But even within the transport industry, aviation does not stand alone. The Nigerian Railway Authority offices all over the country have functionally become pension collection centres only. Structurally, their buildings and coaches have become museum articles for the amusement of our school children, not for the safe travels the common man once enjoyed when he left Port Harcourt for Gusau or Maiduguri for Lagos. Today, he is forced to consign his life to the custody of reckless drunkards on wheels of our so called luxurious buses who on many occasions have caused mass deaths and suffering to their passengers.

On shorter distances, the common man is packed like sardine into a station wagon that is over twenty years old, driven by an ignorant villager. The law of accidents in Nigeria is to each according to his capacity. The numbers are different but the percentage mortality is the same. An aircraft carrying 110 people kills 103, a luxurious bus carrying 70 kills 64, while a station wagon carrying 10 kills 9. This is what we see daily on our roads.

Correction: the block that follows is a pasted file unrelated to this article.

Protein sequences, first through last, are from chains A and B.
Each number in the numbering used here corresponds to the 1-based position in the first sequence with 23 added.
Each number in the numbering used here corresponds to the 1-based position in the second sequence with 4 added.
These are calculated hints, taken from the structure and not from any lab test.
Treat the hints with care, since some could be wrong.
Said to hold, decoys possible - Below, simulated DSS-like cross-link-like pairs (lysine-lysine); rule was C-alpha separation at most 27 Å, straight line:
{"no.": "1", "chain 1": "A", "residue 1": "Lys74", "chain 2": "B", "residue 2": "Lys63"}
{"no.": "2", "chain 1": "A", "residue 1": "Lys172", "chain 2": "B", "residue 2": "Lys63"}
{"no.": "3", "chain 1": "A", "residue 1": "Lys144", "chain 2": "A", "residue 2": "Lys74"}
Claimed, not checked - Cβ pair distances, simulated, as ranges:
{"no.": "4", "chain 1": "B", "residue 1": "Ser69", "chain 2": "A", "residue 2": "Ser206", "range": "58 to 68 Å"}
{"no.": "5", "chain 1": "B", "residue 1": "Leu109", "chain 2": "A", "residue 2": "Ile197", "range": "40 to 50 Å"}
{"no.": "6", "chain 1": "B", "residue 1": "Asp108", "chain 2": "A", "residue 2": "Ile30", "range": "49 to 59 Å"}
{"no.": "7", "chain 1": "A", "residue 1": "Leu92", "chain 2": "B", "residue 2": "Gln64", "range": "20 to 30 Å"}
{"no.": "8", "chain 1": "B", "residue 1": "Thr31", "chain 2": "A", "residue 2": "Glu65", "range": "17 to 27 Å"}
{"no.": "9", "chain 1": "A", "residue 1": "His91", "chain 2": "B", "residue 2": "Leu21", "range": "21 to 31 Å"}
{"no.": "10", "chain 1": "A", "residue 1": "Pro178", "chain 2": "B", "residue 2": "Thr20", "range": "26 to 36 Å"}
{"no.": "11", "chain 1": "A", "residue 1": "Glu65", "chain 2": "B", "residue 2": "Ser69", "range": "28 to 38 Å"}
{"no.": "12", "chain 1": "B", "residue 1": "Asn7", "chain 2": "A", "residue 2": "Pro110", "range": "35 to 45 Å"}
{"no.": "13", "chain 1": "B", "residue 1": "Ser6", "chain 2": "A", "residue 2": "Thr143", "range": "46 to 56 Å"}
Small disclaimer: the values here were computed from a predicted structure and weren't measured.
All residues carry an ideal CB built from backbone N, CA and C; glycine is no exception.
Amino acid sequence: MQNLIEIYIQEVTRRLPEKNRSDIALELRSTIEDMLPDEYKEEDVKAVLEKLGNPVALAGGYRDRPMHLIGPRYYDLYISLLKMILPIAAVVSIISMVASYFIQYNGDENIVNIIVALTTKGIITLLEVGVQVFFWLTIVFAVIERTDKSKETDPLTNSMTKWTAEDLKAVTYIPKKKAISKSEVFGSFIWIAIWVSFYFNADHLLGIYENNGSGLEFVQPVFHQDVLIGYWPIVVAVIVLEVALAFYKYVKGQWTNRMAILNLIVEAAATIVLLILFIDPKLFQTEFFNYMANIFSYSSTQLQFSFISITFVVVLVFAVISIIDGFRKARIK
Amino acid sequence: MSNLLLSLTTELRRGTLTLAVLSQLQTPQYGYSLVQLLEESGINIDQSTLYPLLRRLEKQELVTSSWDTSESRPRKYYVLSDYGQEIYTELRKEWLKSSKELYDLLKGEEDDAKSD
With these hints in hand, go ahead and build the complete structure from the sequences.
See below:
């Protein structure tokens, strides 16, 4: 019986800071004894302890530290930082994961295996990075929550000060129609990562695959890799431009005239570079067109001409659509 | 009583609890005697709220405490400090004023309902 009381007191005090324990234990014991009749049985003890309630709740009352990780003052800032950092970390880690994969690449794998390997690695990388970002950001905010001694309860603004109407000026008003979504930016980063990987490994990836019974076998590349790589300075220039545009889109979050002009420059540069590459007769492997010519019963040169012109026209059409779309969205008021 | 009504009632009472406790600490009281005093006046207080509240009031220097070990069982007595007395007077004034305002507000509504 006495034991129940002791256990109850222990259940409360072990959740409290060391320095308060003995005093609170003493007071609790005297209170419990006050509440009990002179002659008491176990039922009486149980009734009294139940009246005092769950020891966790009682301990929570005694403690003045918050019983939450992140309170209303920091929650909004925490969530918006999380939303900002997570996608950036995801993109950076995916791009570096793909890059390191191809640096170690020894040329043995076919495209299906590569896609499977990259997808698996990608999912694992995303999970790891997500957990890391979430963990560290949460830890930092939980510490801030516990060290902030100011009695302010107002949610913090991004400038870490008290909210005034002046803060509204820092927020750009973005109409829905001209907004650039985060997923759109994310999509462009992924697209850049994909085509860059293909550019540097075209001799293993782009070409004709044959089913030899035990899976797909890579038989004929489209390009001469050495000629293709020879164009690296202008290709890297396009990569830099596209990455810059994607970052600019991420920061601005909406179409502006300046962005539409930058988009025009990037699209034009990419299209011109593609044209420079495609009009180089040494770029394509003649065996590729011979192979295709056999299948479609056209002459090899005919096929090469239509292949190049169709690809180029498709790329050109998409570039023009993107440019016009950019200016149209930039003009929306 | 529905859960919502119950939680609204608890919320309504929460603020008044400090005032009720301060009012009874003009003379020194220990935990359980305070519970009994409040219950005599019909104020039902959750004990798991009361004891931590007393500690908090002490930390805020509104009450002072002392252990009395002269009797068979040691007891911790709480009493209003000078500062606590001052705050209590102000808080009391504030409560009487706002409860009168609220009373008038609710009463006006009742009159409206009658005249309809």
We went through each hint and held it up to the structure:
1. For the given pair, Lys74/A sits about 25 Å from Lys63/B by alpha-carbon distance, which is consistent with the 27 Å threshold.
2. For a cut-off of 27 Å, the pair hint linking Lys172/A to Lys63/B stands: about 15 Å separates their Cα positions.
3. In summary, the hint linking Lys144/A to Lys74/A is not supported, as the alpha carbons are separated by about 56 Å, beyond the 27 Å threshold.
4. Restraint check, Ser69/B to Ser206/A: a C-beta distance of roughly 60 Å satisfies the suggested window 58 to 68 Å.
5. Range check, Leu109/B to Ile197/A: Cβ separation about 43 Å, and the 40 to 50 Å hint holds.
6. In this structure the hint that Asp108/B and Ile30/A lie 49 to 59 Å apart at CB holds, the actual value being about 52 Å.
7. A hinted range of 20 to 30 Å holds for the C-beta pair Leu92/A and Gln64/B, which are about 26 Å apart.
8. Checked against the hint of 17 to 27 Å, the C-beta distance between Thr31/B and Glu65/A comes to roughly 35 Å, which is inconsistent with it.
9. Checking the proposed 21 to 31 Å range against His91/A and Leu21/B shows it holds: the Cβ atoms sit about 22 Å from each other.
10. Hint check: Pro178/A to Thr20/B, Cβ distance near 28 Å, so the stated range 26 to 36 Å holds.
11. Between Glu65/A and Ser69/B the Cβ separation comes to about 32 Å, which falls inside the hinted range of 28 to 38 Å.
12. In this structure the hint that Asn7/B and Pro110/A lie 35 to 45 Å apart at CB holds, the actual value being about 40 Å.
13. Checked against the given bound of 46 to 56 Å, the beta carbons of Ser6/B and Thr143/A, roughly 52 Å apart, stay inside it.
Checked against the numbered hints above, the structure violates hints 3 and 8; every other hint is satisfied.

The few lucky Nigerians who have personal vehicles are not safe either. They have to contend with terrible roads, with pot holes that can swallow the entire car especially in the eastern part of the country, and with the terrible state of other vehicles and with grossly incompetent drivers. Your prudence is not enough, for you must watch the approaching vehicle and always pray that it comes to pass safely.